Much of our work in Southeast Asia focuses on linking conservation with livelihoods.
In Cambodia, at Bokor National Park, we are helping the villagers of O Toch achieve sustainable livelihoods, simultaneously enabling forest re-habilitation and the conservation of rare non-timber forest products.
A dam is under construction that will eventually flood key bamboo and rattan producing areas and disrupt local livelihoods.
We have helped set-up a community protected area within the Park made up of a utilisation zone where sustainable harvesting is regulated by the community and a conservation core zone, where harvesting is not allowed.
In the conservation zone critically endangered species such as Aquilaria crassna can be grown. The community will create and manage a conservation collection of local genetic diversity of this incredible tree, reintroduce the species into local natural populations and establish plantations and fungus inoculation techniques for sustainable use. We want to expand this project to include other areas affected by the dam construction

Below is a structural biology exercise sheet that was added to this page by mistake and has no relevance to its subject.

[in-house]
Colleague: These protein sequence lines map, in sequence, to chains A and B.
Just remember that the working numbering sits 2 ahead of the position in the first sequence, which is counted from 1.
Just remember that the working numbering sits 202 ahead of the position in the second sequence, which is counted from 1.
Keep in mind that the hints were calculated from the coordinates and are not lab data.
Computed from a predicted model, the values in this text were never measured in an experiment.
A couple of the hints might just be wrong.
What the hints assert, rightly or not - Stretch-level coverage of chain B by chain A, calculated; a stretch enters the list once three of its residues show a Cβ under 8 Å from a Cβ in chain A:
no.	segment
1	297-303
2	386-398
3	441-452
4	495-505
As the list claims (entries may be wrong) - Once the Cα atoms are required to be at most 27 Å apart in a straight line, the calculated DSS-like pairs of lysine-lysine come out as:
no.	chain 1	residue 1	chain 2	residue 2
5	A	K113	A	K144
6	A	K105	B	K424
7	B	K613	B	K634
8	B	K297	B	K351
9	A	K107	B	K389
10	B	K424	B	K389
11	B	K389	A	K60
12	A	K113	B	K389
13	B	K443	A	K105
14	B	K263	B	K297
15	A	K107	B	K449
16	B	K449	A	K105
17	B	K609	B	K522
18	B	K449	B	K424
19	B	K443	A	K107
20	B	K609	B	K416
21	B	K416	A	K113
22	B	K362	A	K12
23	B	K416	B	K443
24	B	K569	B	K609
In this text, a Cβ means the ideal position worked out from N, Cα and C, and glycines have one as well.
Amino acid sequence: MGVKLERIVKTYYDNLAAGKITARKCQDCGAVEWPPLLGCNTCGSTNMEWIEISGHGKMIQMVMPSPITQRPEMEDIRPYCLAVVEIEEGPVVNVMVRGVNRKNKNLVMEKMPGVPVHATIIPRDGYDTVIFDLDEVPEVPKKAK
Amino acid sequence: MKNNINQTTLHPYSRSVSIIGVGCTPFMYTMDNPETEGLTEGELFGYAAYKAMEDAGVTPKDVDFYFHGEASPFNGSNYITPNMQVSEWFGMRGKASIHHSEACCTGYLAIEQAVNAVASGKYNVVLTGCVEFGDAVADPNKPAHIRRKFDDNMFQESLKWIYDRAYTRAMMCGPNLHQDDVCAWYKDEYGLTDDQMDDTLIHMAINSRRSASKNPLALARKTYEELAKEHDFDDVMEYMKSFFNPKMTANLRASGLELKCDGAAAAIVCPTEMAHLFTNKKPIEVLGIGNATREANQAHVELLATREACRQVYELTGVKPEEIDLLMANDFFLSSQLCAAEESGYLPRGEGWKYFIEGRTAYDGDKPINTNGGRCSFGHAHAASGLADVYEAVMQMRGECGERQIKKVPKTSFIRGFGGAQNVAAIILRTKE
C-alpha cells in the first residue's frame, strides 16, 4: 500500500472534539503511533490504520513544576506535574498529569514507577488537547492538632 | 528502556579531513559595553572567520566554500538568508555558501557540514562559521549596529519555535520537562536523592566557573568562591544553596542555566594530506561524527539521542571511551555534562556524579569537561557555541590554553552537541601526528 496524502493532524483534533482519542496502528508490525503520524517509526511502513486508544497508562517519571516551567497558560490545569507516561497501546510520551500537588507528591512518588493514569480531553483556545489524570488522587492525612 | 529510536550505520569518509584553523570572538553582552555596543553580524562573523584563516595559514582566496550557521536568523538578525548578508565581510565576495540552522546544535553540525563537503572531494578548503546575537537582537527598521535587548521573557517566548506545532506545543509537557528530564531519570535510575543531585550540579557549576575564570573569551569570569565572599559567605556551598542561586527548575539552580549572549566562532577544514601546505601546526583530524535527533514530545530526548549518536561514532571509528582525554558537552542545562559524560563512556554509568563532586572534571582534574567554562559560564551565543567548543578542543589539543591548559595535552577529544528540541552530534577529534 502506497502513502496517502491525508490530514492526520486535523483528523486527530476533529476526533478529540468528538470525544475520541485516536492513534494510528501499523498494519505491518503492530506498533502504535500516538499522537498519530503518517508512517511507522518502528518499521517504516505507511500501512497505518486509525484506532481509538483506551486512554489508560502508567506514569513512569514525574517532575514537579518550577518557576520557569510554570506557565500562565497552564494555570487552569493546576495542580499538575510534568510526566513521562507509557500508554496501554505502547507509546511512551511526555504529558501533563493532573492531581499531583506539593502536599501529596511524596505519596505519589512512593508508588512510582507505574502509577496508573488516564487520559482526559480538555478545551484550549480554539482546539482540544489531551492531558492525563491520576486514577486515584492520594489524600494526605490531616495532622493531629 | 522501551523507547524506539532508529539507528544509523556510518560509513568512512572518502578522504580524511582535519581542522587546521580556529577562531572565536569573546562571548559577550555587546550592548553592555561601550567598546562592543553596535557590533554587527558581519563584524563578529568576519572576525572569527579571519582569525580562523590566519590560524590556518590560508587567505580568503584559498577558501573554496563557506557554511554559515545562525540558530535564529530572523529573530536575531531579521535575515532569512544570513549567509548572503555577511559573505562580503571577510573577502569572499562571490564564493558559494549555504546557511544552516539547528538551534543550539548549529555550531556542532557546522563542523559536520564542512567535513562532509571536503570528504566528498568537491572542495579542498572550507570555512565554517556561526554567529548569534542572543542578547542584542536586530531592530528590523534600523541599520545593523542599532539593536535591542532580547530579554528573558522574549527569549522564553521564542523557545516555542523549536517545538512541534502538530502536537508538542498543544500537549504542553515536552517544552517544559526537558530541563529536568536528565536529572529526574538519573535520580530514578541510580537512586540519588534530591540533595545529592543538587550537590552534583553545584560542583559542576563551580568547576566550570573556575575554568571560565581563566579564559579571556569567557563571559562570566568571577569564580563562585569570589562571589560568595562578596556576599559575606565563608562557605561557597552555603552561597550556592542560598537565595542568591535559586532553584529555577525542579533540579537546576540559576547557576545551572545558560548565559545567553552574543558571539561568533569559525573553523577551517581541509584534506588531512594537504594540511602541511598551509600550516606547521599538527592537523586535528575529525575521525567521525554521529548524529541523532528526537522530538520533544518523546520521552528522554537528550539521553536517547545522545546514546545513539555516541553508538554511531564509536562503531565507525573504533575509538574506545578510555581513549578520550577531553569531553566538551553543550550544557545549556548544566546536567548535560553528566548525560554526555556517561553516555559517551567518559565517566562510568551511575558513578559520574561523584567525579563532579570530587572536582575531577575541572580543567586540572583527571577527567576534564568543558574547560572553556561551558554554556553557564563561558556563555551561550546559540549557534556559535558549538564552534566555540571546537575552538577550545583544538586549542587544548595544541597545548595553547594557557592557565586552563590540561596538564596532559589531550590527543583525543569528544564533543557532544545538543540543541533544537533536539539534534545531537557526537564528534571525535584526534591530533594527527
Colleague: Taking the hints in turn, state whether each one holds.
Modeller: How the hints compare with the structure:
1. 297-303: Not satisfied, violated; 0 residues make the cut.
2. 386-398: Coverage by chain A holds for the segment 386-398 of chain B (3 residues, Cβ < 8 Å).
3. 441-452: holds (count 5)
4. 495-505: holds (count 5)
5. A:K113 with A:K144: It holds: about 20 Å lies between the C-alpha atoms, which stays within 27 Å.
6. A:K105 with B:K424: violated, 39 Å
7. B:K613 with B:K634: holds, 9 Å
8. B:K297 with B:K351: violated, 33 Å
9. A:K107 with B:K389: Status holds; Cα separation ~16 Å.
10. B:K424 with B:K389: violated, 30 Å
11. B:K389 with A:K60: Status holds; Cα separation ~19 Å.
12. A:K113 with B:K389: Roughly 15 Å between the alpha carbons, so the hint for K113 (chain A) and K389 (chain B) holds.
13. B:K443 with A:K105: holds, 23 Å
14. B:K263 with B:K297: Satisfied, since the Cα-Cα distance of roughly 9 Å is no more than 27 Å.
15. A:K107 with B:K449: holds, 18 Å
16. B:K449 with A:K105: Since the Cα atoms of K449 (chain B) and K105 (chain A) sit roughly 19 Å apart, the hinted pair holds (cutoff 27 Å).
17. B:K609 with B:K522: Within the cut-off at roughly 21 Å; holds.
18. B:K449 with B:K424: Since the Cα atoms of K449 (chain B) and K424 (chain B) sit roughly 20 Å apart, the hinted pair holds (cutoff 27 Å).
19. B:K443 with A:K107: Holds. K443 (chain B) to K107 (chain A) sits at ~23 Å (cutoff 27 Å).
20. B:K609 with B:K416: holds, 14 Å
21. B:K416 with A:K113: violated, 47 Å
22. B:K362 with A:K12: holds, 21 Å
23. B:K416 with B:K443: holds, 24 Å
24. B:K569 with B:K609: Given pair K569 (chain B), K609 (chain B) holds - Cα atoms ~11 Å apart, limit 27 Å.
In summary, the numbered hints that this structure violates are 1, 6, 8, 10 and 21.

In Vietnam we have been conserving medicinal plants alongside traditional herbalists by establishing reintroduction plots in Bavi National Park. We aim to use this model to implement similar community-based projects in Tamdao National Park
In Indonesia, supported by the Rufford Foundation, we worked with botanic garden partners on the conservation of Cibotium barometz, an increasingly rare tree fern. The golden hairs are used medicinally. The work included community outreach and training as well as strengthening the ex situ collections of the plant. We aim to expand this project to include Java and Sumatera
We need your help to enable the expansion of these successful programmes of work.
Contact us if you would like further details about our work in Southeast Asia.
Find out more about the work of botanic gardens in Southeast Asia here.